Monthly Archives: March 2017
Following Christ’s Example: Forgiving Ourselves during Addiction Recovery
Perhaps the greatest example of forgiveness in the Bible was provided by Jesus Christ himself. Jesus’ forgiveness of Judas has given rise to much debate as to why the Messiah kept the traitor ‘in the fold’, even though he knew what lay ahead. Jesus first noticed that Judas had changed when his disciple grew distant, and soon after, he foresaw that Judas would ‘hand him over’ to those who would end his life on earth. Yet He kept Judas by his side as a sign of his love for Man, despite all his flaws. Jesus had already forgiven Judas, who was unable to forgive himself; Judas did away with his life, unable to come to terms with having hurt the Son of God.
Those who are in recovery from an addiction to substances or alcohol can probably relate with the strong feelings of guilt experienced by Judas. When one is under the throes of addiction, one can burn many bridges and hurt those who most love us. Hurt can be caused by lying about the extent of our problem, perhaps taking from others to feed our addiction, or letting people down in important moments in their lives. When we commence our journey towards recovery, one of the hardest obstacles to face lies in stopping ourselves from indulging in self-blame, judgment, and criticism.
Guilt can be useful; it reminds us that we should act responsibly since no man is an island; we are all interconnected and everything we do can either help or hinder those we love. However, when guilt turns into shame, nothing productive can result and we can either distance ourselves from those we should be approaching, indulge in self-destructive behavior (for instance, by relapsing into drug use) or become overwhelmed by our problems and lose the ability to think clearly and problem-solve.
We should look to Christ himself to understand the extent to which he was capable of loving even the most flawed of men and try to give ourselves a little of this love. With a kind and self-compassionate heart, our road towards recovery becomes easier and we have faith that God will help us rebuild vital relationships with friends and family. In a positive frame of mind, we logically feel more motivated to take part in activities that will enhance our quality of life and indeed enable us to live longer in a happier state. These activities can include taking part in physical activity, learning natural ways to control our anxiety and stress, and cooking healthy, seasonal foods to feed the temple that is our body.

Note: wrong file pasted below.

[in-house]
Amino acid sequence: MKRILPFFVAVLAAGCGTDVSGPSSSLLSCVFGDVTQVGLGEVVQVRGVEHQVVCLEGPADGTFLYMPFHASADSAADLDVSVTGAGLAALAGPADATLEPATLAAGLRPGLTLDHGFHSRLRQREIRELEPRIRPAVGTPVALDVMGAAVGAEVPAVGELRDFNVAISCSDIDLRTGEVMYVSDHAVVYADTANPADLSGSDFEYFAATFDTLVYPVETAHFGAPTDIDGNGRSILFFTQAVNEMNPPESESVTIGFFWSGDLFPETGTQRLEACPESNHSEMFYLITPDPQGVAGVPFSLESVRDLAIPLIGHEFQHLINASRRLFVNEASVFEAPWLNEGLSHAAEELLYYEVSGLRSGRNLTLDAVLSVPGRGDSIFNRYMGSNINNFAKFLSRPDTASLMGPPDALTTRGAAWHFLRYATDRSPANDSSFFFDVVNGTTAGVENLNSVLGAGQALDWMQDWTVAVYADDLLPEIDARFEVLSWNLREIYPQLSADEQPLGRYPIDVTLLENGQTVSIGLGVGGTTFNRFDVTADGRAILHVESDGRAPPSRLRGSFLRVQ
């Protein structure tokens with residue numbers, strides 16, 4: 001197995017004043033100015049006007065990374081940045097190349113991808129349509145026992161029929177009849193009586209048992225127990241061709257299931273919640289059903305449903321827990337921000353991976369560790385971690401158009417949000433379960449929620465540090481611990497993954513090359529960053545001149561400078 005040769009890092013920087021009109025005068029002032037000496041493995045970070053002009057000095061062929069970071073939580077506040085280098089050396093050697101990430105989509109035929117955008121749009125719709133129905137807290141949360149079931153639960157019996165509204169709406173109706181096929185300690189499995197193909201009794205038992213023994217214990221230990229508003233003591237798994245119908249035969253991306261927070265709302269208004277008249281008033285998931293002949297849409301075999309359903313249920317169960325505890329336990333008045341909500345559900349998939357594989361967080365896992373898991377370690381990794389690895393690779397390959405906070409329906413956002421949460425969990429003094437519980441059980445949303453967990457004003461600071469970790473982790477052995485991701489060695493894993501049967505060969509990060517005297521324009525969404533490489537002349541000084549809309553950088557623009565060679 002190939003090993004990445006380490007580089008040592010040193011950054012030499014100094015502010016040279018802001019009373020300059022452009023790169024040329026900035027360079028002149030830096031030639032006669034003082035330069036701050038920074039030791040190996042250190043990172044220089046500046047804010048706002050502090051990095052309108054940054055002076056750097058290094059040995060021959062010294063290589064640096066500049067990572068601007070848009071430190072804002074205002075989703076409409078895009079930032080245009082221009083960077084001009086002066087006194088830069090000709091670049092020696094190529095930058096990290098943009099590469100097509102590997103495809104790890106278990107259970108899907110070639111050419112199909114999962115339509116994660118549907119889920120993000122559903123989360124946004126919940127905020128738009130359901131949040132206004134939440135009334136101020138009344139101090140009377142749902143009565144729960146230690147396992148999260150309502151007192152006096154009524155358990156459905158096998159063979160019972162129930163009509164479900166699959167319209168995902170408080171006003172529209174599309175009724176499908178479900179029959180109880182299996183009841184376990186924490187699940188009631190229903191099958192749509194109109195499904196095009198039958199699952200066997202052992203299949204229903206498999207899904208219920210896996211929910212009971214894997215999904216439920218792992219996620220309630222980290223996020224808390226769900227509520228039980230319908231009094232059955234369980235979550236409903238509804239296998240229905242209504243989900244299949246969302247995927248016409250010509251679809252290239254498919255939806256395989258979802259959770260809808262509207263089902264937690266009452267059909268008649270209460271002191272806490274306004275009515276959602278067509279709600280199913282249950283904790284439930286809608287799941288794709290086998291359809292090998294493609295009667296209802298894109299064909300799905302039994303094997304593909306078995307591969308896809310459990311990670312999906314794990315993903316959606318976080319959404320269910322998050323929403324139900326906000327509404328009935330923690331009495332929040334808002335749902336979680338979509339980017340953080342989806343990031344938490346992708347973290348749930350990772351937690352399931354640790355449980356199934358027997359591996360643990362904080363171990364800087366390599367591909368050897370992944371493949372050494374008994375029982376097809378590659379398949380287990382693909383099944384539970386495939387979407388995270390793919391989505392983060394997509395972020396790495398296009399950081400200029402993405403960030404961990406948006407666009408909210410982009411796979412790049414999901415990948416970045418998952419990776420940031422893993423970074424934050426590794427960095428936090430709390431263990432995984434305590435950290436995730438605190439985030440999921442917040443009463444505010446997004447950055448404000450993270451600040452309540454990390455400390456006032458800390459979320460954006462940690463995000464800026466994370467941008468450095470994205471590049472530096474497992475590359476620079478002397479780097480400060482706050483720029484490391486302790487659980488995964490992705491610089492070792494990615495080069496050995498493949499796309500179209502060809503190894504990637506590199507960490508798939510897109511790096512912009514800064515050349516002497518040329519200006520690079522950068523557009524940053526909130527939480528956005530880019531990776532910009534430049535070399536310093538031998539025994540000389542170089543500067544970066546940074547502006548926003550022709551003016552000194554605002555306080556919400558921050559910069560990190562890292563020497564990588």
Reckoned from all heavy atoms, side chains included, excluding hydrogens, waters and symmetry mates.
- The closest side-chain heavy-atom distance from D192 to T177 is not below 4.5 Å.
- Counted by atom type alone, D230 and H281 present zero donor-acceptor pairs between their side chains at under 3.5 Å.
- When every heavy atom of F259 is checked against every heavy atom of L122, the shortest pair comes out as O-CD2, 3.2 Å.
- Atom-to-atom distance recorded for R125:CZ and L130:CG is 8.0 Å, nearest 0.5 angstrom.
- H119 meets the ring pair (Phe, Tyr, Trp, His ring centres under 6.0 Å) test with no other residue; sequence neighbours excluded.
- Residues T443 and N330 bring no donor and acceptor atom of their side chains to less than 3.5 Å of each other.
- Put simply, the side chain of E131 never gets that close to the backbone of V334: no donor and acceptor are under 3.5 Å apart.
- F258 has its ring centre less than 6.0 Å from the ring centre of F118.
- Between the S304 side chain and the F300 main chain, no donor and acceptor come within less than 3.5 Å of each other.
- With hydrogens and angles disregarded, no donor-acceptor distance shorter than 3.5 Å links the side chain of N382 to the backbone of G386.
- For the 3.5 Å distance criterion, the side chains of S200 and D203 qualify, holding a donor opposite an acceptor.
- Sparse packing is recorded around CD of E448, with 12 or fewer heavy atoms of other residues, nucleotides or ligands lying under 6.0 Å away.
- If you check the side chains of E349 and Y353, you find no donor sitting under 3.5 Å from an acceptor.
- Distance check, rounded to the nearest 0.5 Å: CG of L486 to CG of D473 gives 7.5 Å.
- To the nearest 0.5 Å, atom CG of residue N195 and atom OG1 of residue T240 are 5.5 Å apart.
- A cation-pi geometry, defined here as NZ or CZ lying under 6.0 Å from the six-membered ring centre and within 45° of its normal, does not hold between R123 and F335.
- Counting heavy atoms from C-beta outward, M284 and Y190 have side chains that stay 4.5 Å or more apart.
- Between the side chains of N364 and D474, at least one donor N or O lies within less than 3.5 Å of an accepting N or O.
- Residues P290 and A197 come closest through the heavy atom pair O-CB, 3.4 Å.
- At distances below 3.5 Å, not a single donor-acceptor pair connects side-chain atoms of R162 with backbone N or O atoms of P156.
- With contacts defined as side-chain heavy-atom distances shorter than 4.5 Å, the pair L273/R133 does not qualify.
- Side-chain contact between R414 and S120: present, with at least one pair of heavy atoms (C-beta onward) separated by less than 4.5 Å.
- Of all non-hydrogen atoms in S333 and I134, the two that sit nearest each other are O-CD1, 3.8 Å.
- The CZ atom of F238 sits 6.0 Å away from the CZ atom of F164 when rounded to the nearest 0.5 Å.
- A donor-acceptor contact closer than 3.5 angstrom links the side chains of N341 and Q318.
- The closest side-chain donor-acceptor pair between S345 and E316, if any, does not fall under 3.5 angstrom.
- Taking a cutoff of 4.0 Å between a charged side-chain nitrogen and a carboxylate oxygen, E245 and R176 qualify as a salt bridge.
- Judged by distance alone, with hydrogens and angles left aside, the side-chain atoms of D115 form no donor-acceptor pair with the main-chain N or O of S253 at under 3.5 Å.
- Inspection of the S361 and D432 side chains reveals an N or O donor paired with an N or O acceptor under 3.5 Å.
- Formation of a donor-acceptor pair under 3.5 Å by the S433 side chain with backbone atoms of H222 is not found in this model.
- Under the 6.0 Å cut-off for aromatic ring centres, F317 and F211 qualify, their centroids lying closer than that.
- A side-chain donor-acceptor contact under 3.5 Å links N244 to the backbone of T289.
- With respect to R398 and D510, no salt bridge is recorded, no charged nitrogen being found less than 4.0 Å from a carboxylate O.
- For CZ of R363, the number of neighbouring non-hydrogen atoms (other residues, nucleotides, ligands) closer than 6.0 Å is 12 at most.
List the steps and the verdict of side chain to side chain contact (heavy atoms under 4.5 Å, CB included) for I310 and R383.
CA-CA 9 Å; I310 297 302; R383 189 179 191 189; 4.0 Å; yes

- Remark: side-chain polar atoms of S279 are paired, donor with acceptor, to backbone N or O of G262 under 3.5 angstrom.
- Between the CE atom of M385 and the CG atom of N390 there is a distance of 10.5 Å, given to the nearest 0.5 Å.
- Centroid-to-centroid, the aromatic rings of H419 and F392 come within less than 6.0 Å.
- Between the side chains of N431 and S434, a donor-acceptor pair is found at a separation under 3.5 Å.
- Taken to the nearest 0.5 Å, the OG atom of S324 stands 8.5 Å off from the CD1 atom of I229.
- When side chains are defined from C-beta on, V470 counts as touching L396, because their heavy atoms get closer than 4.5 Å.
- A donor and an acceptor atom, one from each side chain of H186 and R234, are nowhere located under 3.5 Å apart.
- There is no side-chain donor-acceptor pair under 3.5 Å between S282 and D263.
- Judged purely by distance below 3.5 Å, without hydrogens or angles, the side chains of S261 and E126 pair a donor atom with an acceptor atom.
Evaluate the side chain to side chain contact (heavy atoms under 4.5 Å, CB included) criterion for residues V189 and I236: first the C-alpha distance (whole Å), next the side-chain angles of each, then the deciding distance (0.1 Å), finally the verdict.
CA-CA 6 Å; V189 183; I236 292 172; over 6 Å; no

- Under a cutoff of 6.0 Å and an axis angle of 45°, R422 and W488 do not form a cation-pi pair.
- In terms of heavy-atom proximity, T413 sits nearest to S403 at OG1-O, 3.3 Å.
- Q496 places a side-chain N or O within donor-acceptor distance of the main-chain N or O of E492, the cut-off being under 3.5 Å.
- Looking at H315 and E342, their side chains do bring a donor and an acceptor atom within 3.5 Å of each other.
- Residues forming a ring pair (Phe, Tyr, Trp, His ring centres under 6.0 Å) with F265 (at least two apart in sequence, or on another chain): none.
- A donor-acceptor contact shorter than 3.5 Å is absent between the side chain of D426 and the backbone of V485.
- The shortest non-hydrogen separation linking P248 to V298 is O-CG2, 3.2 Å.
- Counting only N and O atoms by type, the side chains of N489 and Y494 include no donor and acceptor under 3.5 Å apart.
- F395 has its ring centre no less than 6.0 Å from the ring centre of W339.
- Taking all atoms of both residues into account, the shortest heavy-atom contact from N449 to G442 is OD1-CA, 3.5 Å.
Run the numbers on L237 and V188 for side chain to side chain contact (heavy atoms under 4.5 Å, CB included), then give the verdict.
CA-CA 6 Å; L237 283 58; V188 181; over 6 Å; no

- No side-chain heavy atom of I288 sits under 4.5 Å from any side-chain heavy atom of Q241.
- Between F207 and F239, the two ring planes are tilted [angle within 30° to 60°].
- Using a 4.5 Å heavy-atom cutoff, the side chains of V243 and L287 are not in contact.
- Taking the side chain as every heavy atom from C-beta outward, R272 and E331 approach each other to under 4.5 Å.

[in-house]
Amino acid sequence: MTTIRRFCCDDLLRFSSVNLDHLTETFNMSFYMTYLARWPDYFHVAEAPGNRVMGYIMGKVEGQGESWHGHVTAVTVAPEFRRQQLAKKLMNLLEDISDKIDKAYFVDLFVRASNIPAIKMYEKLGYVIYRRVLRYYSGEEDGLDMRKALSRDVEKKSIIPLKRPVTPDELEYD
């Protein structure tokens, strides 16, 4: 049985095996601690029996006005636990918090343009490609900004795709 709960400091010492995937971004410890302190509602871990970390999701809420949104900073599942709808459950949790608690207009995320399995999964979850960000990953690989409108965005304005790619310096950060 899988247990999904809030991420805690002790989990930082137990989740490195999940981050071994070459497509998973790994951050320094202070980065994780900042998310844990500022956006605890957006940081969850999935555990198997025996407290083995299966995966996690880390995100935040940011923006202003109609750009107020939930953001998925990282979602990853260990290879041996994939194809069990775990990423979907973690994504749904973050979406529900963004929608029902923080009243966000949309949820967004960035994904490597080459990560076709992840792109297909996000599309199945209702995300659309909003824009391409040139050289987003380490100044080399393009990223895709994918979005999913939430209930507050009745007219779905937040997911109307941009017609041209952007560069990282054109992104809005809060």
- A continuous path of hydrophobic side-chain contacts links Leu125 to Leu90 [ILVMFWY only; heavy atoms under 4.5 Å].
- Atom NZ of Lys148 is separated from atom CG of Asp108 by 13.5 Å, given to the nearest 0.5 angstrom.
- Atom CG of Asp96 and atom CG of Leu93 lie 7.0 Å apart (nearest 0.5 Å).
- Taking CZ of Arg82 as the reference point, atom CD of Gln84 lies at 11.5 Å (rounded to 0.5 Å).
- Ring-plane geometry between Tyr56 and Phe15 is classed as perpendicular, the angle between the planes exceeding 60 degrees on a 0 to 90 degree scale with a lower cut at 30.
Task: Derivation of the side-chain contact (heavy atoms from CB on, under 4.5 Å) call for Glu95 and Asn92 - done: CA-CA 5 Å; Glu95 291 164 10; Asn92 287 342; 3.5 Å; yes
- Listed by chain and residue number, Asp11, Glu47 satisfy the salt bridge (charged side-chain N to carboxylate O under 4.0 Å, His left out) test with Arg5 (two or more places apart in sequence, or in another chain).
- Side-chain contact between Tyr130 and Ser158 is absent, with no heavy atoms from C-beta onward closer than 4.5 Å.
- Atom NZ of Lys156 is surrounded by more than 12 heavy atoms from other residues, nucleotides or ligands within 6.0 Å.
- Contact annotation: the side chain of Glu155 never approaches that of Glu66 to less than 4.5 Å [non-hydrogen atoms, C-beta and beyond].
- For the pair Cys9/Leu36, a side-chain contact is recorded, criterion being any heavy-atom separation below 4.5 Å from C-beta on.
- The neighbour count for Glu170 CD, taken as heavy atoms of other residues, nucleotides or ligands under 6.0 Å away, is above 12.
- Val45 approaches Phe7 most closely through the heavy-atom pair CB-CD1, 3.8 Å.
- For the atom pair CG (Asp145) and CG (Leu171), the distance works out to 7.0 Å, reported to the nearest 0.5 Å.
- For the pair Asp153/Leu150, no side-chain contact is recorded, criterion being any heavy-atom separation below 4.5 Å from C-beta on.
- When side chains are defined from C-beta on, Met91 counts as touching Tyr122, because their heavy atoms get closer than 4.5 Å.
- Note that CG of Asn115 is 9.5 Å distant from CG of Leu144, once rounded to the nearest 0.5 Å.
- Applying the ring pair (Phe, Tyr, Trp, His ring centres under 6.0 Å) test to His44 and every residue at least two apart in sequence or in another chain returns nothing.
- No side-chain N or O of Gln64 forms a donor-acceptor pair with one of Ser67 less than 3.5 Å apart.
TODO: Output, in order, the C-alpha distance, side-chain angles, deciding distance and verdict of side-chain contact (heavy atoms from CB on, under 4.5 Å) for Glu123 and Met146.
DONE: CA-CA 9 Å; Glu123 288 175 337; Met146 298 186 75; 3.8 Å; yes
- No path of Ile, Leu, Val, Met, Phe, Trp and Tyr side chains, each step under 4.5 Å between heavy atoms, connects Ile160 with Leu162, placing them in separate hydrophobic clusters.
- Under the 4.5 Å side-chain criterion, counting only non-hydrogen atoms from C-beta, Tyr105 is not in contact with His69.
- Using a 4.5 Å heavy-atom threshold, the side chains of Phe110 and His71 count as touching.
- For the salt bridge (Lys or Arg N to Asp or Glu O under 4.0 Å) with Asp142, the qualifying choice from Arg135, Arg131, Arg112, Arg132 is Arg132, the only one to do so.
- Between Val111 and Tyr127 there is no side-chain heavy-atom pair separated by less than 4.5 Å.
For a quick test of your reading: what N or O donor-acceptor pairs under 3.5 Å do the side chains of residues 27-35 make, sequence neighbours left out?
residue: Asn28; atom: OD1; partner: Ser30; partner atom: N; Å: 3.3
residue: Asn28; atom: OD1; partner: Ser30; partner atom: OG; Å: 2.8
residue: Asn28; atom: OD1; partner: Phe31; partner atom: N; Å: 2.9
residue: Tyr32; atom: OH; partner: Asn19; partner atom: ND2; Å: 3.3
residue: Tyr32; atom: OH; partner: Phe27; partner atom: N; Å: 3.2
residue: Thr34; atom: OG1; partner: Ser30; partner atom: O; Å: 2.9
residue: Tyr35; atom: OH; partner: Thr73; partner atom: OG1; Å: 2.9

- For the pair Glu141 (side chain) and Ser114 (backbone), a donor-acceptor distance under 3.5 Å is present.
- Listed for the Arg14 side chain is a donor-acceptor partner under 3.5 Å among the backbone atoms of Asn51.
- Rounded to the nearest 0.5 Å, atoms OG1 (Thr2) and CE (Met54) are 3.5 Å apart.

As postulated in Corinthians, “Do you not know that your body is a temple of the Holy Spirit who is in you, whom you have received from God? You are not your own; you were bought at a price. Therefore glorify God with your body.…”
The best way to start forgiving yourself, is by focusing on how you make others’ lives better. Ask yourself what your family members, for instance, need to be happy. Do you have a sibling who would benefit greatly from talking to you about their problems? Does your parents’ lawn need mowing? Are there any chores you can help a friend out with today that will lighten their burden? Focusing on making others happy has two main benefits – firstly, it keeps your mind on the task at hand and gives you an important focus for the day. Secondly, it helps you strengthen ties which may have been broken by your addiction. There is a third, less obvious benefit, however; by helping others, you help yourself build a sense of self-worth. By letting others rely on you, you begin to understand the extent to which you are important to their lives.
Once you have set the ball rolling with respect to family members, head for a quiet, relaxing spot (such as a park or other natural area) and ask yourself what would make you happy. You might decide to start a hobby you have always wanted to do, or take up a sport you always excelled at. Whichever means you choose to be kind to yourself, make sure it is a source of joy and don’t place expectations which are too high on yourself. Jesus embraced the poor, needy and flawed; do you think you can spare a bit of this kind of compassionate love for yourself?
This article was submitted by Helen Rhodes, Freelance Writer